Photos by Erin McGrady and Caroline Whatley

After lots of research on the topic of vanlife as well as trial and error (my wife and I have traveled in a 1976 Toyota Sunline, a 1978 Toyota Chinook and a 1994 Toyota 4Runner) we finally caved and bought a new Ram ProMaster City cargo van.

The stress of older vehicles, and the mounting costs of regular breakdowns, was why we decided to go with the Ram rather than find another vintage vehicle.

We also chose the Ram ProMaster because it could be converted to a camper van. We toyed with the idea of doing the conversion ourselves but we didn't have the time or skills to do so. There are numerous companies across the country doing van conversions but only a couple of them are working on our specific van. One such company called Cascade Campers is based in Seattle and the other is Wayfarer which is based in Colorado Springs. After several discussions, we finally decided on the Wayfarer Van kit and pointed our van west.

Why the Wayfarer Kit?

Part of the reason we chose Wayfarer was because of its price. For $4,696 you will get the floor, camper boxes, a table and panels. (Shipping costs are a flat $500 fee but we didn't have to pay for that since we drove to Colorado.)

The other reason we chose Wayfarer was time. They promised us that our kit would be ready for installation in about two weeks from the time that we ordered it. In addition, they said it could be installed in about an hour. This is in stark contrast to some of the conversions we have read about online which take people sometimes weeks to complete. It was basically the perfect fit for us as far as our budget and time were concerned. (To learn more about why we chose this kit, head on over here.)

The morning of our conversion, the thermometer read 5 degrees Fahrenheit. Luckily the space for the build-out was indoors. Ian, the owner of Wayfarer Vans greeted us upon arrival a little before nine. After we unloaded all of our belongings, we watched as he and his guys gradually transformed our van from empty shell to adventuremobile.

Wayfarer Van Conversion Kit

About to go from cargo van to van conversion.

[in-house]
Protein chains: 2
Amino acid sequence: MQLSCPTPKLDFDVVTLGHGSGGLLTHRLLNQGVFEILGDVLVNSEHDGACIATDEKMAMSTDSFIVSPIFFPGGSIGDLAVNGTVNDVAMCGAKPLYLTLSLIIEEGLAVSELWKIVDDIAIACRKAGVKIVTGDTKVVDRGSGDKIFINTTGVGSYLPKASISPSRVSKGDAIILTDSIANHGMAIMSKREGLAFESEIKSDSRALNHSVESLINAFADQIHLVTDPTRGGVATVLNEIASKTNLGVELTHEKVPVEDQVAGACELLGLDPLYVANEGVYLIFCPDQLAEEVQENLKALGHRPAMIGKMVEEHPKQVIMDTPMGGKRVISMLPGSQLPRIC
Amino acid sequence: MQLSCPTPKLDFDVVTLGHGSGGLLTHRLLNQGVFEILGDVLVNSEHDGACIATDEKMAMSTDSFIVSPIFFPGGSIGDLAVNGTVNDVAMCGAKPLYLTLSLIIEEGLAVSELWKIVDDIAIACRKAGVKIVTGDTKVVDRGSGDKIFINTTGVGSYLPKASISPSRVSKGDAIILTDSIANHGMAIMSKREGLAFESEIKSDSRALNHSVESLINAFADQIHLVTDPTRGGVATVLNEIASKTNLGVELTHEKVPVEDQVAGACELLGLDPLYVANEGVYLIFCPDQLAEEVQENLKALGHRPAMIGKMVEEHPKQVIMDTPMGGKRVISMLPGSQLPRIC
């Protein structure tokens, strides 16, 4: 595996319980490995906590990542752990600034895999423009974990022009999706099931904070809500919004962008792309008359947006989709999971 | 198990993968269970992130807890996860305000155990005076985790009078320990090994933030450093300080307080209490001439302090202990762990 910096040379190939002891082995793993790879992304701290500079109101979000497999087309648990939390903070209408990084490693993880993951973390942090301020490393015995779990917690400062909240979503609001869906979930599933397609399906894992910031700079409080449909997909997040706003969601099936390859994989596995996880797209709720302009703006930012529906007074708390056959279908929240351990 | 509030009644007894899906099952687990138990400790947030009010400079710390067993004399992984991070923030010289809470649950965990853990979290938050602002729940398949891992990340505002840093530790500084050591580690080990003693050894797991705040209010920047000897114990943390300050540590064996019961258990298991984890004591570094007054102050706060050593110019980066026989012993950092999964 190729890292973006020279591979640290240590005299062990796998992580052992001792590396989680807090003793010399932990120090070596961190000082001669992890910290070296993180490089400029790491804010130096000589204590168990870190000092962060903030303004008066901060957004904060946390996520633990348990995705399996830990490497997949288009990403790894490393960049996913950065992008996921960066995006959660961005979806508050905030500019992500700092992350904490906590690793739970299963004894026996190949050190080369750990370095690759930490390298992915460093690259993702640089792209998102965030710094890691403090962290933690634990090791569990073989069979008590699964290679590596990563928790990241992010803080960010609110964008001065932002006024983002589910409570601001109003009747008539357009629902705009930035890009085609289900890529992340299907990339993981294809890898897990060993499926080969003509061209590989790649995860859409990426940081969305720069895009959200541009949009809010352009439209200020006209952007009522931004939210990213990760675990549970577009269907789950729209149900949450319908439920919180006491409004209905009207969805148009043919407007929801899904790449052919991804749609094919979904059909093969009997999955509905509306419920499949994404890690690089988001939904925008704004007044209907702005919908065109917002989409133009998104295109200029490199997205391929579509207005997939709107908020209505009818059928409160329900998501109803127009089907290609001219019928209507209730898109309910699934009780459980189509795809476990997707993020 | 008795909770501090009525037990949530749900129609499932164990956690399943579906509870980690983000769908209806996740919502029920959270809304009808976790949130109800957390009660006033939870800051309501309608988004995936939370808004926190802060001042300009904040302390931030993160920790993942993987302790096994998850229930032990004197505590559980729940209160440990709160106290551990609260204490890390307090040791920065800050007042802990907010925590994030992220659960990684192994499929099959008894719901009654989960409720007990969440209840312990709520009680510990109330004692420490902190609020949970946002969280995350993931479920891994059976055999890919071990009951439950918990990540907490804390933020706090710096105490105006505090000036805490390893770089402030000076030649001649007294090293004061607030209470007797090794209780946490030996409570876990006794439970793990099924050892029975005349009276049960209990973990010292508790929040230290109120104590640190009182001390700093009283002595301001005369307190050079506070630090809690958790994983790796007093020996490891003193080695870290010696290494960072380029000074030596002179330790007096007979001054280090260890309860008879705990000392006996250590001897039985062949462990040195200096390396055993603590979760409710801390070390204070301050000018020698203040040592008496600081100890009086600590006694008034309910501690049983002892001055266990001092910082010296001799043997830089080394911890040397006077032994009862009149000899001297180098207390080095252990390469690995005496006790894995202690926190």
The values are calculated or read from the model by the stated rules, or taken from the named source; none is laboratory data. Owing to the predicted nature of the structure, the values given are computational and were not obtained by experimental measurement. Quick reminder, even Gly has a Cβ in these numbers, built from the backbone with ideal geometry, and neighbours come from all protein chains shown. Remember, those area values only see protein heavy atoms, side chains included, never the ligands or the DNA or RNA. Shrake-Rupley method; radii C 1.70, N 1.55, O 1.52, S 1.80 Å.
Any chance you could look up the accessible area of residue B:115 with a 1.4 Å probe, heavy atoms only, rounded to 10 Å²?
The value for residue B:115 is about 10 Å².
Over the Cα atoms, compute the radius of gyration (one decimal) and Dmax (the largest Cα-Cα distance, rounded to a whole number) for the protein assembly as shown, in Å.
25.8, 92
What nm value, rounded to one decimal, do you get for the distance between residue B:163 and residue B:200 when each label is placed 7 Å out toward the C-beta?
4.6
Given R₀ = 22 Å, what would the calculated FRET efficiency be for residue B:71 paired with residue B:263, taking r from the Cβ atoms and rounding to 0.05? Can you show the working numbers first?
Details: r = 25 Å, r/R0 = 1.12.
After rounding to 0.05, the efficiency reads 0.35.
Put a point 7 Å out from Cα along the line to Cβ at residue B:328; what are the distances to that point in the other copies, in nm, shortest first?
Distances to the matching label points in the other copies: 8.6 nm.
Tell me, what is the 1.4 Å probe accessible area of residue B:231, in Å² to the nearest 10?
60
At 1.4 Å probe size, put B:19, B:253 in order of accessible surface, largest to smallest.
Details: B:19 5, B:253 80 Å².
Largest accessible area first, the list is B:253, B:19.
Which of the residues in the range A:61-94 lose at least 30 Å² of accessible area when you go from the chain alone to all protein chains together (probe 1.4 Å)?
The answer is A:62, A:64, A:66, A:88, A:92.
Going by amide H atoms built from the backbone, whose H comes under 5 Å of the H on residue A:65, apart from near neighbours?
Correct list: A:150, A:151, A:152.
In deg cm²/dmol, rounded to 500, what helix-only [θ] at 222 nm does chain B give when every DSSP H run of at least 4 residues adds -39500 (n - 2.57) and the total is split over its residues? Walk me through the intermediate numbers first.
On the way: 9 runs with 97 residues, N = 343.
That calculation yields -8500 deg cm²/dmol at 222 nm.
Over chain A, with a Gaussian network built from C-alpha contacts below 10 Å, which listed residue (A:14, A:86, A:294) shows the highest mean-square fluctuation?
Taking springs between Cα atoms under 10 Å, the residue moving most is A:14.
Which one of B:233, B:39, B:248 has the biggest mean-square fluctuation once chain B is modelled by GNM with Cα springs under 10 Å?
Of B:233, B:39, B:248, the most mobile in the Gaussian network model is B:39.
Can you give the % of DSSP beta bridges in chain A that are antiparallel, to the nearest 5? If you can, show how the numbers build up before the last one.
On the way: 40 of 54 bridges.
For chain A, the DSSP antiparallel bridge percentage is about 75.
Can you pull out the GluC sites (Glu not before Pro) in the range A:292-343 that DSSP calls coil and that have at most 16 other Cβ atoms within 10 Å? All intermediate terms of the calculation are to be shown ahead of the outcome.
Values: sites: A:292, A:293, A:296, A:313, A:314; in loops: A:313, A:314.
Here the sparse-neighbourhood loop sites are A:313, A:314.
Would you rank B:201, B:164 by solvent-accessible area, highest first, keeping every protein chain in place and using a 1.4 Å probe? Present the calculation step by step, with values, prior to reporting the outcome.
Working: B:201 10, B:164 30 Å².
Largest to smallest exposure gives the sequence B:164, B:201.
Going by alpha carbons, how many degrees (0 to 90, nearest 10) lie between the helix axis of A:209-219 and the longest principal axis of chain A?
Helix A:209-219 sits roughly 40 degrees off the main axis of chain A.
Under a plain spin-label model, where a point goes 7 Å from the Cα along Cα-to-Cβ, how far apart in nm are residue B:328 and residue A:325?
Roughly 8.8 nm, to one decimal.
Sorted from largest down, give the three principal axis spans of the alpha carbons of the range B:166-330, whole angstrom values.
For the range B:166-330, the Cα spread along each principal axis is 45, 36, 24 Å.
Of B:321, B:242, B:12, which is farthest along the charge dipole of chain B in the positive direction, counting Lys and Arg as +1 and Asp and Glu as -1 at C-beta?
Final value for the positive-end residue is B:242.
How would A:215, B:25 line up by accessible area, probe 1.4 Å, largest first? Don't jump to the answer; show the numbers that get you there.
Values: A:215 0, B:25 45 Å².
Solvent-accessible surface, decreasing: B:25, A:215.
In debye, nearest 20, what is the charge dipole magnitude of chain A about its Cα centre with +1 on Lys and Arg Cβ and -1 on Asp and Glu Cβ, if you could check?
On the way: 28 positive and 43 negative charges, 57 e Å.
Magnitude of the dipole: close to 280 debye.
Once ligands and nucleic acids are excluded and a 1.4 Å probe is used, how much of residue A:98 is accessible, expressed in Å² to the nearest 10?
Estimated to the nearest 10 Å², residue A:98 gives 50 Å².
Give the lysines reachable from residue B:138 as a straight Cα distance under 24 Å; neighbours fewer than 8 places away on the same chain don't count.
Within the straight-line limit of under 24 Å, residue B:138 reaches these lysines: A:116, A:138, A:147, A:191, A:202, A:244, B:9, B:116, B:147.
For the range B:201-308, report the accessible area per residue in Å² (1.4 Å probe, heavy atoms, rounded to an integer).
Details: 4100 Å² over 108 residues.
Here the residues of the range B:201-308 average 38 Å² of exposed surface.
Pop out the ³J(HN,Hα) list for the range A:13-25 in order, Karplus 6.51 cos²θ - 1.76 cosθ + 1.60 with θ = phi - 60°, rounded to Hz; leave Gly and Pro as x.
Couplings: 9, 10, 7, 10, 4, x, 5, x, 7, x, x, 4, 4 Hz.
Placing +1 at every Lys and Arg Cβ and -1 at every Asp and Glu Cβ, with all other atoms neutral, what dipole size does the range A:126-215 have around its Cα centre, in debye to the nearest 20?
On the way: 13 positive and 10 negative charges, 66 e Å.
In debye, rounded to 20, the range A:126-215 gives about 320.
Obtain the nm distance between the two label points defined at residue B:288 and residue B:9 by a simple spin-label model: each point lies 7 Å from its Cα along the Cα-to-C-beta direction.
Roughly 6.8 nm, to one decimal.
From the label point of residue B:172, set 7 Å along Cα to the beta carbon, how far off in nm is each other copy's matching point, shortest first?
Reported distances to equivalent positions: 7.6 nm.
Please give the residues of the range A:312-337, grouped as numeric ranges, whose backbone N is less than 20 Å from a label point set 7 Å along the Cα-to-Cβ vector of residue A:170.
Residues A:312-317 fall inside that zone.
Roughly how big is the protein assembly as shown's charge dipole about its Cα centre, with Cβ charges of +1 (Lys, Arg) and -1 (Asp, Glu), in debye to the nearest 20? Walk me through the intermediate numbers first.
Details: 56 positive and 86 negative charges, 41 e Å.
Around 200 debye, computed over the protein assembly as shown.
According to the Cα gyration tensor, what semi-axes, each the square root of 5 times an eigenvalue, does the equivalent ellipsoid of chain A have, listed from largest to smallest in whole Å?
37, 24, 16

Wayfarer Van Conversion Kit

Preparing to lay the floor.

Step 1: Installing the floor

The first step in a Wayfarer Van conversion is the installation of the floor. The floor itself comes in two sections. Both sections are made of plywood with a layer of vinyl flooring on top and foil insulation underneath. The materials make it water resistant, and it’s attached to the base of the van with threaded bolts. We love how neatly it goes around the wheel wells.

Wayfarer Van Conversion Kit

Cross section of Wayfarer Van Plug-N-Play Conversion Kit.

Wayfarer Van Conversion Kit

Connecting the new floor to the van.

Wayfarer Van Conversion Kit

The floor cuts neatly around the wheel wells.

Wayfarer Van Conversion Kit

Water resistant and tough enough for all your gear.

Step 2: Attaching the fabric panels

The second step is installing the fabric panels. These panels use magnets to keep them in place and provide not only insulation but sound dampening. They cover a good bit of the surface area inside the van (walls and ceiling) and since they're attached using magnets, can be easily removed.

Wayfarer Van Conversion Kit

Magnets are used to attach the panels to the van.

Wayfarer Van Conversion Kit

The only tools required for installation are a few screwdrivers and a drill.

Wayfarer Van Conversion Kit

Getting the ceiling panels in place.

Wayfarer Van Conversion Kit

This is about the halfway point in the installation.

Step 3: Adding the boxes

Next in the installation process is putting the storage and kitchen boxes in place. There are two storage boxes, each with a divider and one kitchen box, also with a divider. (For those of you who are interested in the Wayfarer kit but don't want all of the components, you can actually purchase just what you need with his a la carte pricing. The floor is $1199, the panels are $1699, the table is $249 and the camper boxes with cushions are $1549.)